Reading N°11 in the History of the Catholic Church
Fr. Fernand Mourret, S.S.
"They shall deliver you up to councils," the Savior had said, "and in the synagogues you shall be beaten. [...] Be not thoughtful beforehand what you shall speak." But He had also foretold that the enemy would sow cockle in the field of the householder, and that false prophets would rise up among the people. The Church would not escape persecution, nor would she be spared schisms and heresies. The early Christian community of Jerusalem was well acquainted with both.
From the beginning, two currents were discernible among the disciples of Christ: that of the Jews of Palestine and that of the Hellenist Jews. The latter name was applied to those Jews who, during the period of the dispersion, had adopted the Greek language and to some extent also the customs of the Greeks. The diaconate was instituted in consequence of the demands of the Hellenists, who complained that their widows were neglected "in the daily ministrations." The opposition between the two parties remained a permanent source of strife in the community.
More serious difficulties arose from the fact of its economic organization. We have already observed that, through a natural prompting of charity, most of the first Christians sold as much of their possessions as they could and gave the price into the community treasury. During the Savior's own life, the Apostles had had a community purse: an attempt was made to continue this early tradition in a larger circle. Christianity spread especially among the poor. For the rich to place their possessions into a common fund was the most delicate means they had to come to the relief of their poor brethren.
A certain man named Ananias, with Saphira his wife, sold a piece of land, and by fraud kept back part of the price of the land, his wife being privy thereunto; and bringing a certain part of it, laid it at the feet of the Apostles. But Peter said: "Ananias, why hath Satan tempted thy heart, that thou shouldst lie to the Holy Ghost, and by fraud keep part of the price of the land? Whilst it remained, did it not remain to thee? And after it was sold, was it not in thy power? [...] Thou hast not lied to men, but to God." And Ananias, hearing these words, fell down and gave up the ghost. [...] And it was about the space of three hours after, when his wife, not knowing what had happened, came in. [...] And Peter said to her: "Why have you agreed together to tempt the Spirit of the Lord? Behold the feet of them who have buried thy husband are at the door, and they shall carry thee out." Immediately she fell down before his feet and gave up the ghost. [...] And there came great fear upon the whole Church and upon all that heard these things."
|The Death of Ananias|
By this terrible example, God showed the members of the young Church that one does not deceive His ministers with impunity, and that nothing is more unworthy of a Christian believer than to evade a duty or even a counsel by an act of disloyalty.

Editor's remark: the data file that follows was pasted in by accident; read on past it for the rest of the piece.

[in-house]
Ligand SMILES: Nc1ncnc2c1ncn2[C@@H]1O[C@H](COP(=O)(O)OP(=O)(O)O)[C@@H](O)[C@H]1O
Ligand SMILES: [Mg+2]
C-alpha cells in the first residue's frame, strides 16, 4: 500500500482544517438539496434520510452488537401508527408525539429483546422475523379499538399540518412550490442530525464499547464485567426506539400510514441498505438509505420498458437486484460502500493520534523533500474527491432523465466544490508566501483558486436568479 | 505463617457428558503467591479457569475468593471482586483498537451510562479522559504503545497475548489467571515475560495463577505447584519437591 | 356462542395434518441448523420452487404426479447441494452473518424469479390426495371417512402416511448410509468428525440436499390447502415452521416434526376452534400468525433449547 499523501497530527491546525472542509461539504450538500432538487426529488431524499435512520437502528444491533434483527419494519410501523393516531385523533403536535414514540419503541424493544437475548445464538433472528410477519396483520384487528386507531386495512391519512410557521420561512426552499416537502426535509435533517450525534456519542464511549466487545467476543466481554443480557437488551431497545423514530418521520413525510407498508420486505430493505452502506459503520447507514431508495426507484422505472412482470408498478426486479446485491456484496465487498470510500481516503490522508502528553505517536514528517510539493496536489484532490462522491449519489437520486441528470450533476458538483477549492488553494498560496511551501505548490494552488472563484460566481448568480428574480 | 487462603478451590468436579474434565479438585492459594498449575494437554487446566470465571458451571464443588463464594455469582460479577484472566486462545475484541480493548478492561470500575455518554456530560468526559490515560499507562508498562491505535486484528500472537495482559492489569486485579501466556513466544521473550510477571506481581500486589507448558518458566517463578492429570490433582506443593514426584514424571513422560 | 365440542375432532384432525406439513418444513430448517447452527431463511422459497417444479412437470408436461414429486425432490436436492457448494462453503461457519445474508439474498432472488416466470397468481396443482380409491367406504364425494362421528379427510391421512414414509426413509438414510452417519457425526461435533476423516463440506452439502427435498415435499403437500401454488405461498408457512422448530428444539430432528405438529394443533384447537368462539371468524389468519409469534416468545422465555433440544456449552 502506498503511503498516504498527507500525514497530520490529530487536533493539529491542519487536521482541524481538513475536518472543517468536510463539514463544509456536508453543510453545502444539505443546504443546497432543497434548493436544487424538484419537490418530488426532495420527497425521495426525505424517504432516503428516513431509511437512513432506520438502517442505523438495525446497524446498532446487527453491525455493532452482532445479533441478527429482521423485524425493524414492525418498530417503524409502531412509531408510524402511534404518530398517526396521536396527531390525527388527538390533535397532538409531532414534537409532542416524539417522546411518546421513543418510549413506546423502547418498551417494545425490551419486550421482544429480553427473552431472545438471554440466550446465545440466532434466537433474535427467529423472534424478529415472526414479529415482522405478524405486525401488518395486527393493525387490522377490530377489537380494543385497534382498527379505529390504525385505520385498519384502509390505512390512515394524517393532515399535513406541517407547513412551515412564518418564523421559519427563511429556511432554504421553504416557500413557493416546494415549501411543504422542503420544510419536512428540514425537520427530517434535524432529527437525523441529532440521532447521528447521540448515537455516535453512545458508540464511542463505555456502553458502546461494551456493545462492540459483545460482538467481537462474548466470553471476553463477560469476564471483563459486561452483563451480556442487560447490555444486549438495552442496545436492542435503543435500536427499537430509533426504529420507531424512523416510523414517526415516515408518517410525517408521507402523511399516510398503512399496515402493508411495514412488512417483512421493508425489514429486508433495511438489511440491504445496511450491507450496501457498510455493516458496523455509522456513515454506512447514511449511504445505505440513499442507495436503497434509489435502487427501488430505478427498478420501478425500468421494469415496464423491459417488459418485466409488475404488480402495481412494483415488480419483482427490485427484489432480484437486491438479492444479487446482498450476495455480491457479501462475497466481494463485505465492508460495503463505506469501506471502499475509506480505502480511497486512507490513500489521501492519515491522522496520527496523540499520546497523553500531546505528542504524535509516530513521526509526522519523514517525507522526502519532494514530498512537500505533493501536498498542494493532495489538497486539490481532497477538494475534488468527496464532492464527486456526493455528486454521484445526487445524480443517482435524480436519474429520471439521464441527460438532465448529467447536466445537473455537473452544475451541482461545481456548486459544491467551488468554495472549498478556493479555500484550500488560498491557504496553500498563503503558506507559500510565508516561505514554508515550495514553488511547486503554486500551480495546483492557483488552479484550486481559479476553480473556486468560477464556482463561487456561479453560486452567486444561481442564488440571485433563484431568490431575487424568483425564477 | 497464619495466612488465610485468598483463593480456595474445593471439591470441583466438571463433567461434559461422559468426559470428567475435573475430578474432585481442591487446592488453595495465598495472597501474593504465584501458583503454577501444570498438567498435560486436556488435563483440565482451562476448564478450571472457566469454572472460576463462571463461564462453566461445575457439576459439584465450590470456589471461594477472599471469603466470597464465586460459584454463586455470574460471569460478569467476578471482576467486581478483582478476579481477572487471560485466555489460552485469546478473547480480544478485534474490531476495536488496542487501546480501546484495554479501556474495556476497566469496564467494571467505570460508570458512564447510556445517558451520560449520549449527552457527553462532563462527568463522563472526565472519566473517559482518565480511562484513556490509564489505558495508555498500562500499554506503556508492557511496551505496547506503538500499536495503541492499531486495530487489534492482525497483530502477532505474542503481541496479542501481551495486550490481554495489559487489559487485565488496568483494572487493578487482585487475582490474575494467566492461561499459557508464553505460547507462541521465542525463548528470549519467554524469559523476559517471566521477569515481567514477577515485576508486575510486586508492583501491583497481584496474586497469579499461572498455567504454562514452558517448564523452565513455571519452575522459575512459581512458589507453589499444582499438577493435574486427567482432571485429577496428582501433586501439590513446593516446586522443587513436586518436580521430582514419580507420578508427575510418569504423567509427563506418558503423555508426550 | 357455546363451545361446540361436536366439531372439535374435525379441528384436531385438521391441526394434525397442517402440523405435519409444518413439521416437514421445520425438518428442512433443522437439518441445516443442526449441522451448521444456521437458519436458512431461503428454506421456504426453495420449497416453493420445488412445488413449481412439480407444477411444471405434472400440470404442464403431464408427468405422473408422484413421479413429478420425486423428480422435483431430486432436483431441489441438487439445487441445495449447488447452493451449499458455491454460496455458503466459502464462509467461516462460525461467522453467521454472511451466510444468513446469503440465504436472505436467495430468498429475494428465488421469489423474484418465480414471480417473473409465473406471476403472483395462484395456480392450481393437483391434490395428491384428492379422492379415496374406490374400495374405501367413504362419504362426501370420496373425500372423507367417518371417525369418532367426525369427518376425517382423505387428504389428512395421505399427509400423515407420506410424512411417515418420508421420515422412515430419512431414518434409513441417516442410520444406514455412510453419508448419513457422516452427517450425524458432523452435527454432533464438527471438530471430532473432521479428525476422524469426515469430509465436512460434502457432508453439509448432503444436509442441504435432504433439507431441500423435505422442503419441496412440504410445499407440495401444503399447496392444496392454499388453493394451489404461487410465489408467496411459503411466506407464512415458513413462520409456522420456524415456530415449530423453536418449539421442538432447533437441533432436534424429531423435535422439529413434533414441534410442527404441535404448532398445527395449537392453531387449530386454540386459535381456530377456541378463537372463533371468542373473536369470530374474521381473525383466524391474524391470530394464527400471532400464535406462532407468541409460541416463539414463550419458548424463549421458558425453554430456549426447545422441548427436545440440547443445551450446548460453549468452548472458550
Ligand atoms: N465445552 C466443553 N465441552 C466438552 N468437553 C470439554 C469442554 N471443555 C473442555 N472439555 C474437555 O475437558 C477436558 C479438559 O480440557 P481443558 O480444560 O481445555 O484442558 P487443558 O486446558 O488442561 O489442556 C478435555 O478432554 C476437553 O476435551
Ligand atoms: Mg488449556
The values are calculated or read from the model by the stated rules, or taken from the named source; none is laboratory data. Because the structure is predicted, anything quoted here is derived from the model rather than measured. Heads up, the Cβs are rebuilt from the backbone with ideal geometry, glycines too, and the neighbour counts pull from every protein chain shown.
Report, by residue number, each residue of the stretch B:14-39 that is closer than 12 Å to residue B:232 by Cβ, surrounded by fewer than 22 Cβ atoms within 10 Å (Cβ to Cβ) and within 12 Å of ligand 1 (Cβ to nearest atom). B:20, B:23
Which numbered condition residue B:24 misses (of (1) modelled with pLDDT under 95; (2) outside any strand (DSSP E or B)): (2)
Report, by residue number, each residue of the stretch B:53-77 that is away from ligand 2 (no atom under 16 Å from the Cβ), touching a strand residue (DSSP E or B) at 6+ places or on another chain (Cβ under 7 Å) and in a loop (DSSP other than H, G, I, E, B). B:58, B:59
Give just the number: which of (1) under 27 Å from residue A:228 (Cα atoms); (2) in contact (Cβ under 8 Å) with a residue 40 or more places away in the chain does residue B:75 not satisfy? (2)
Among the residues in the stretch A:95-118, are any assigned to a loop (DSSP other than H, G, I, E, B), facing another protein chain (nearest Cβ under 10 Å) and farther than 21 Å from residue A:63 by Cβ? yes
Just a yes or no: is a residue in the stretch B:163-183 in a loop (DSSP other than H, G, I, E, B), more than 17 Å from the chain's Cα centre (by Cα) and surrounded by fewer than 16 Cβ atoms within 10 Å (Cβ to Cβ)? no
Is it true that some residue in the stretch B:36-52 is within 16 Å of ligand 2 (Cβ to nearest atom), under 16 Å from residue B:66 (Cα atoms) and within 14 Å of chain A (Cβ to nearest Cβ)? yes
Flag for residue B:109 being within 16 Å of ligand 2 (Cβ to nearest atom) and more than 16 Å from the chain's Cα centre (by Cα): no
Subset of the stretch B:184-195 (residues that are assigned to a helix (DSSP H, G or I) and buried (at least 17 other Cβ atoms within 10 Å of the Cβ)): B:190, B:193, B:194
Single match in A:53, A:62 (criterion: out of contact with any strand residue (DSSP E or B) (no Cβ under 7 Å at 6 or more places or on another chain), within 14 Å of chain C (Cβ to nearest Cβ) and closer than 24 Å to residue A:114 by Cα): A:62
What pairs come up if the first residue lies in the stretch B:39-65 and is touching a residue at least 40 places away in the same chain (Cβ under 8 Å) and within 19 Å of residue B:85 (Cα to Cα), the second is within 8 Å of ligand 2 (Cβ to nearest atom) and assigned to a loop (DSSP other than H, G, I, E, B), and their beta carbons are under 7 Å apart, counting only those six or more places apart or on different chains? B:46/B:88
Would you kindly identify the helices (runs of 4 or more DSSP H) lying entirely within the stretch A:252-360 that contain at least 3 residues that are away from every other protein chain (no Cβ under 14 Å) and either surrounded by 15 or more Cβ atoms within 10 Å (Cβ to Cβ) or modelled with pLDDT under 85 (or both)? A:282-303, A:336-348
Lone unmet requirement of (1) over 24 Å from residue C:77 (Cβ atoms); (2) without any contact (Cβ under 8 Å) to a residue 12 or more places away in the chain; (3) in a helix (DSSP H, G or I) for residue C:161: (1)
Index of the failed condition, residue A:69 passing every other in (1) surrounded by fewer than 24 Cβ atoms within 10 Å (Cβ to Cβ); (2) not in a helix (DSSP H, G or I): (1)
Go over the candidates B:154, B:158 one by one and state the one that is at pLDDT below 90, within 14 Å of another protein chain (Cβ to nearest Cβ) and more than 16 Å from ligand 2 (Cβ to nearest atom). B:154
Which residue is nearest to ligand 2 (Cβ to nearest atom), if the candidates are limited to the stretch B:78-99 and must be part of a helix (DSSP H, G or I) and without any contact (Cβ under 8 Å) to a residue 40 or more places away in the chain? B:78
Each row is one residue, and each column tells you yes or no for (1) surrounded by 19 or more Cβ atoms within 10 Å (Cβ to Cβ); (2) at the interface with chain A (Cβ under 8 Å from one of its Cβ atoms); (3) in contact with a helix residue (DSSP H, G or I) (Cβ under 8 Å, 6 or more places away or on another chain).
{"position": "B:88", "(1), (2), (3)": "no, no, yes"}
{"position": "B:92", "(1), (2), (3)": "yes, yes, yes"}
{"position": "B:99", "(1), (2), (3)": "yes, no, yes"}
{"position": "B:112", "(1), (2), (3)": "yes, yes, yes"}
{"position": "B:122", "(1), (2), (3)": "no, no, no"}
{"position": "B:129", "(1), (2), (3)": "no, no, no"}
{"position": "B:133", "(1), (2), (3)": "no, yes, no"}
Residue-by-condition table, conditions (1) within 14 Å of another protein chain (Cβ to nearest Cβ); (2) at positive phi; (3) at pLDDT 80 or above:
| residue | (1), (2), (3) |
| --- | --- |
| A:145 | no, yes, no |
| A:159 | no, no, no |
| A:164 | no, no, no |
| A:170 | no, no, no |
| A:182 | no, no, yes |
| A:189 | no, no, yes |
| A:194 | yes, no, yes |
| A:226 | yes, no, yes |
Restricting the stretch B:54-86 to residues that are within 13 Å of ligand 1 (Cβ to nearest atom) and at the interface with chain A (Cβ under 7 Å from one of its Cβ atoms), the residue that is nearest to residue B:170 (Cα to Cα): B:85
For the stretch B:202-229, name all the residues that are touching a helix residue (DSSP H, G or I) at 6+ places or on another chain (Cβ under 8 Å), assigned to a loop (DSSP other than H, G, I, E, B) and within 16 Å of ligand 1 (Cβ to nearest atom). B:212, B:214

A like event was never witnessed again. The economic regime of the early Church soon disappeared, made impossible by the very fact of its growth. But a source of more lasting conflict presently arose in connection with the question of admitting pagans into the Church.
The Savior, speaking to His disciples of the signs that would portend the fall of Jerusalem, had said: "Unto all nations the gospel must first be preached." The Apostles took advantage of every opportunity to carry out the Master's injunction.
Peter lived habitually in Jerusalem. But his duties as head of the Church obliged him to visit the Christian groups founded in various places. The districts evangelized by the deacon Philip were the first to which he went, to consolidate and extend the work so happily begun. God blessed his apostolate by numerous miracles. At Lydda, in the southern part of the rich plain of Sharon, "he found a certain man named Eneas, who had kept his bed for eight years, who was ill of the palsy. And Peter said to him: 'Eneas, the Lord Jesus Christ healeth thee: arise, and make thy bed.' And immediately he arose. And all that dwelt at Lydda and Sharon saw him; who were converted to the Lord." At Joppa, an important seaport which appears to have been a center of Christianity, he raised to life a widow, Tabitha, a woman "full of good works," who seems to have devoted her fortune to the needs of the early Church.
In these cities, with their mixed population, the problem of admitting pagans into the Church presented difficulties which the Apostle did not hide from himself. The question was not to decide whether the infidels should enter the kingdom of God; the Master had solved this question in their favor. It concerned the conditions on which they were to be admitted. Must they first become Jews in order to become Christians? Would they have to pass through Judaism to come to the Gospel? This was the point at issue. The Jerusalem Jews (Hebrews, they were called) were clearly inclined to answer the question in the affirmative. But the Hellenist Jews (the Greeks) inclined to the negative. Little by little the views were formulated with sharper cleavage between them. It is not surprising that the conflict was long and even bitter. Christianity and Judaism seemed to be striving for their existence. If, said the Hebrews, "the Gentiles enter the, Church directly, and there obtain through faith alone the same rank and privileges as the Jews, what becomes of the rights of Israel? What advantage has the elect people over other nations? Is not this to deny the absolute validity of Judaism? On the other hand, if circumcision be imposed on the Gentile converts, is not that in itself a declaration that faith in Christ is insufficient for salvation? Does it not reduce the Gospel to the position of a mere accessory to Mosaism? Is not this to deny the absolute validity of the work of Jesus Christ?"